|The Violinist by Thomas Eakins|
As we sat on one of the many sofas in the music building's lobby, or stood, or walked around the campus, I observed the other parents who had brought their talented children to audition for the university's music program. Our boy had put a year of his life into preparing for this audition, taking music theory, history and harmony courses, studying tutorials online and wrestling to conquer a difficult Bach Fugue and a Mendelssohn concerto until he could play them upside down and backwards, or so it seemed. Our family, just like all the other families in the room, had found the money for private lessons and supported our child from his first days of drawing a scratchy bow across his quarter-sized violin strings, and I wondered how the other parents were feeling that day as they also waited. I was not nervous because I knew in my heart that even if he was not accepted into the orchestral performance program, he would be able to say that he could not have done more to prepare for his chance to show the department what he could do. At the end of the day of theory tests and a private audition with the heads of both the strings department and the orchestral department, our boy came out smiling, giving us the thumbs up. Everything had gone according to plan for him.
Our son began with the Suzuki method, which encourages children and parents to practice together. I had taken years of piano lessons and so downstairs we would go after supper each night to practice. We went through five levels of Suzuki before the piano accompaniment became too complicated for me, but I also think it was time for the two of us to go our separate ways. I was often tired after a busy day of working and mothering, and I confess my patience was a little on the thin side. We sometimes argued about a passage and how to get it right. I'll admit that I pushed him fairly hard in those days, recognizing his talent and wanting him to strive to be the best he could be. Somehow I just knew I could not let him give up on himself, and I hoped to teach him that hard work, perseverance and steady progress would overcome his frustrations, which seemed to be as regular as his many victories. He could be very difficult sometimes, and emotional, but over the years he learned to regulate and harness those emotions to feed his technical talent and make it into something beautiful. Once the piano parts were beyond me I decided it was time to step back and let him figure out if he wanted to continue on without me holding, or squeezing, his hand, so to speak, through every practice. He had a short crisis, but got through it and committed to his music on his own terms. He was thirteen. Since then he has developed an excellent work ethic which has crossed over to other areas of his life. He also knows how to relax, and when it is important to do so.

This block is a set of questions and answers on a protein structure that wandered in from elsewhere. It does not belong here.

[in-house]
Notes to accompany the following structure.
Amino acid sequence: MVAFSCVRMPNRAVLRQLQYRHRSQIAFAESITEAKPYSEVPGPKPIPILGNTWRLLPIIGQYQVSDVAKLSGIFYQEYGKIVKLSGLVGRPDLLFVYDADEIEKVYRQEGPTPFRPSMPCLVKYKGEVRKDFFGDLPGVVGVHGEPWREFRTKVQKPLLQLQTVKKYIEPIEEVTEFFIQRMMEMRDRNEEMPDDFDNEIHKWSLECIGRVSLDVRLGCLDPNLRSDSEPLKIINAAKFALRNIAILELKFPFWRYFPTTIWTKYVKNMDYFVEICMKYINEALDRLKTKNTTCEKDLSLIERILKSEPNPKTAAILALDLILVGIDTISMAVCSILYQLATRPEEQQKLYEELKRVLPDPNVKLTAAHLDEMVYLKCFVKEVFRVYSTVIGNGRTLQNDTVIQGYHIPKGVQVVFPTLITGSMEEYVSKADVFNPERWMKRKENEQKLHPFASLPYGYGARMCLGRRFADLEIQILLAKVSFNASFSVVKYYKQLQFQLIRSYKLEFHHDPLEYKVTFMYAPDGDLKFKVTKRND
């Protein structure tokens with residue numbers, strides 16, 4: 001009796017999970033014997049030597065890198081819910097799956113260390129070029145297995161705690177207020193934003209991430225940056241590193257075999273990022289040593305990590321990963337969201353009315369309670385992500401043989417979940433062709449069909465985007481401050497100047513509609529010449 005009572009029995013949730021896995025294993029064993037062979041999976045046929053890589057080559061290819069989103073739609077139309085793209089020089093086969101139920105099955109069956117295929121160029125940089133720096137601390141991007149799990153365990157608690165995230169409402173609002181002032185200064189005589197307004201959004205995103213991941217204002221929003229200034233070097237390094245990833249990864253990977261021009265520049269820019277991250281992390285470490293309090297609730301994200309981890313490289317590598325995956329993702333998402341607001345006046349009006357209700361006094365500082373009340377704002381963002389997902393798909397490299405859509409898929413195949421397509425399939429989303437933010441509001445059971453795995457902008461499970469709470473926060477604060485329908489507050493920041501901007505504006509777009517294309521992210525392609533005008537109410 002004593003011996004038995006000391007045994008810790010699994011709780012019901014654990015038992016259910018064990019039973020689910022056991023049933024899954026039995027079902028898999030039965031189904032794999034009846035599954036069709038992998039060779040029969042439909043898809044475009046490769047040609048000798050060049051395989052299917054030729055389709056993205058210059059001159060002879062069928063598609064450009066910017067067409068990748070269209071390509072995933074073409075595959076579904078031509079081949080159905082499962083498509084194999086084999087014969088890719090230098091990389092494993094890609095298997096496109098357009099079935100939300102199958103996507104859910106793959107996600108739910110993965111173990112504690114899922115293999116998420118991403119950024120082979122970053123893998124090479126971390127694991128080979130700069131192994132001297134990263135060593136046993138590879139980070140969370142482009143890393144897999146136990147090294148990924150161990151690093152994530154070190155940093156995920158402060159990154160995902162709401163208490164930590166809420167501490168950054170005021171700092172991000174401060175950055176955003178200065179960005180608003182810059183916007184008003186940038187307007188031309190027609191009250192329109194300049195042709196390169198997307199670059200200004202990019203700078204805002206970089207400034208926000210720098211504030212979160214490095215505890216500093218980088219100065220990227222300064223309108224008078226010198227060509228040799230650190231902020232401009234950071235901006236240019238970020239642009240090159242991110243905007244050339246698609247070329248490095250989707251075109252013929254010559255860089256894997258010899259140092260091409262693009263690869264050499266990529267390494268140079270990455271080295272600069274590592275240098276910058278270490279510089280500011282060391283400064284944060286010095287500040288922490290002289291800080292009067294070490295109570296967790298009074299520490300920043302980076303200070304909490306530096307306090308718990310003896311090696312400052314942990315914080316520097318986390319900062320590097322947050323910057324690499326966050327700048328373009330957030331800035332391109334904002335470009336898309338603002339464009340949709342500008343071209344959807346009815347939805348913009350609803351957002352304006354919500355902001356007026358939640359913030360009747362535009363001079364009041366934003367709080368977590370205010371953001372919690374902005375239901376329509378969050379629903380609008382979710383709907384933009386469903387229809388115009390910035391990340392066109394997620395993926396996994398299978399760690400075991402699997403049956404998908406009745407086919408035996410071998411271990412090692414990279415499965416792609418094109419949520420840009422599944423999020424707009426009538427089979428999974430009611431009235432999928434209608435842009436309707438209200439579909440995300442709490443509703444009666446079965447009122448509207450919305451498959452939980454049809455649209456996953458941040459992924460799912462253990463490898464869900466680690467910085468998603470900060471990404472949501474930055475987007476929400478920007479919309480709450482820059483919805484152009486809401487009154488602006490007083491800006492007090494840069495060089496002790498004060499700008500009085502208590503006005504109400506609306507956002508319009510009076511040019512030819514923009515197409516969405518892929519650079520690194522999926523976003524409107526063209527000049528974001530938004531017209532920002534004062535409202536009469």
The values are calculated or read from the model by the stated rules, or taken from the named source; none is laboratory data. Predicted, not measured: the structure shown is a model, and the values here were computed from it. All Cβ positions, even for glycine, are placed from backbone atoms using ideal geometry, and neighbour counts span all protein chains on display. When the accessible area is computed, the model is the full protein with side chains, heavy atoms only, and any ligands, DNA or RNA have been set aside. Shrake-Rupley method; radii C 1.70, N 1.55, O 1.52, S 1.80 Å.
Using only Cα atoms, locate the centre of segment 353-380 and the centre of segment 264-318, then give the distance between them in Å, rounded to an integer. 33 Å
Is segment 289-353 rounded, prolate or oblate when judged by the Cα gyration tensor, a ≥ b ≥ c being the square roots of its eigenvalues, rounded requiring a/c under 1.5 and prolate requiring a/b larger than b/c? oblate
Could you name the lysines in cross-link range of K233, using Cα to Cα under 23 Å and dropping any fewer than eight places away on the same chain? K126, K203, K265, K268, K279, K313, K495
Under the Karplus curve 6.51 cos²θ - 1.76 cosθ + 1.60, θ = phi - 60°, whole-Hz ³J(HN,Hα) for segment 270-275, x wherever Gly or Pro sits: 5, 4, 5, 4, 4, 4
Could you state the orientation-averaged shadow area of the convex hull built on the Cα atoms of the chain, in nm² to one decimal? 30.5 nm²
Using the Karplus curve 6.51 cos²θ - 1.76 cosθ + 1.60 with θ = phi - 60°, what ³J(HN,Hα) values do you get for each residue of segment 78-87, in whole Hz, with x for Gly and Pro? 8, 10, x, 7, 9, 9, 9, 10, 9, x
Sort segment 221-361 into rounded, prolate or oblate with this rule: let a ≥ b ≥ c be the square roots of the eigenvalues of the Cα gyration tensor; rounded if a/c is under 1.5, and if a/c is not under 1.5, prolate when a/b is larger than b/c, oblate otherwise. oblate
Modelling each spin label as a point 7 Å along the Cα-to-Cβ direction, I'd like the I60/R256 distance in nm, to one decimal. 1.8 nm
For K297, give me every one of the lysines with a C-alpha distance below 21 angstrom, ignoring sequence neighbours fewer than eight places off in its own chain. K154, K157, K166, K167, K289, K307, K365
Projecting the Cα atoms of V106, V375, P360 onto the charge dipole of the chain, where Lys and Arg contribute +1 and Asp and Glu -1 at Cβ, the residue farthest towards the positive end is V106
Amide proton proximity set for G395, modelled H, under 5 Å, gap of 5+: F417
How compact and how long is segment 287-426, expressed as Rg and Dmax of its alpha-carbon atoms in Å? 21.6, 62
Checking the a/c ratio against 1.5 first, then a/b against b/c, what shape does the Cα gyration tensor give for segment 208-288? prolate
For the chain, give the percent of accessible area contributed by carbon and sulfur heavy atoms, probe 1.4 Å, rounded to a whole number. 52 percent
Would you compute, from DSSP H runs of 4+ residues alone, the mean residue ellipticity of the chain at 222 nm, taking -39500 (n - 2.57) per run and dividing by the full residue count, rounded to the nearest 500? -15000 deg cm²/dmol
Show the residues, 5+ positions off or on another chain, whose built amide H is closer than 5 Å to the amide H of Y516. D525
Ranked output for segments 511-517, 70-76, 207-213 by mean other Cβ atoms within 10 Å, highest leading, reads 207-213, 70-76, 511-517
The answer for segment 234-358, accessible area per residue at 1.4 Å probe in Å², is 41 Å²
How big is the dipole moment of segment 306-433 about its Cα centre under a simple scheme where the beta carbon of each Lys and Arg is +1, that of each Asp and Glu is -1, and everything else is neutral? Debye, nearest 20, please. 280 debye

I was not pushed as a child. I was the sixth of six children, so that may have had something to do with it. I practiced my piano, but was never made to take an exam. I never once passed a set of swimming lessons due to the fact that I could not float or swim on my back. I did not need pushing to do well at school, and I was challenged plenty by my parents' way of living and bringing up their children, which was fairly strict and scrupulously honest. Nobody, however, hovered over me like a helicopter at any time in my memory, nor did they inflict their agenda on any of my 'talents', dubious as they were.
I have often wondered if I could have done with some more pushing. I have this sense that I sort of floated through childhood. Apparently, I resisted being organized into any activity such as Brownies (girl scouts) or sports before the age of ten. I remember a lot of playing and a lot of reading, always piano and some ballet lessons, and a lot of teasing from my brothers, whom I loved after all. Nor have I pushed my other three children. Sure, I made them all take music lessons, at least for a few years, and insisted they do their best in school, but besides my violinist, I have sort of sat back while they all excelled far beyond my expectations. I have stepped in when necessary and been their main cheerleader and psychologist, but after asking my daughter last night if she ever felt I pushed her and having her respond 'No' with a laugh, I am confident that my approach has been appropriate. Their dad and I have striven to help them learn to discipline themselves so that they gain satisfaction in their various accomplishments. I want the best for them, of course, but it is not my best. It is their best.
One hears from time to time of children who were pushed relentlessly by their parents to excel, and grew up to hate them. As I looked around the lobby of the university music building I wondered if any of the parents there had done so. I hoped not. I also reflected that perhaps my lack of skill at the piano had saved our situation. For once, I was glad I had not been more proficient.
Our son waited for a couple of weeks for news from the university. I was in the kitchen one morning when he came in saying, "Guess what!" He didn't wait for me to answer. "I got accepted into the program." I gave him a hug and phoned his dad at work - he was ecstatic and so proud.
We have a lovely new spring recipe over at Stella's Virtual Cafe: Roasted beet and Spinach Salad with Citrus Vinaigrette. Have a lovely weekend! It's going to be positively summery here.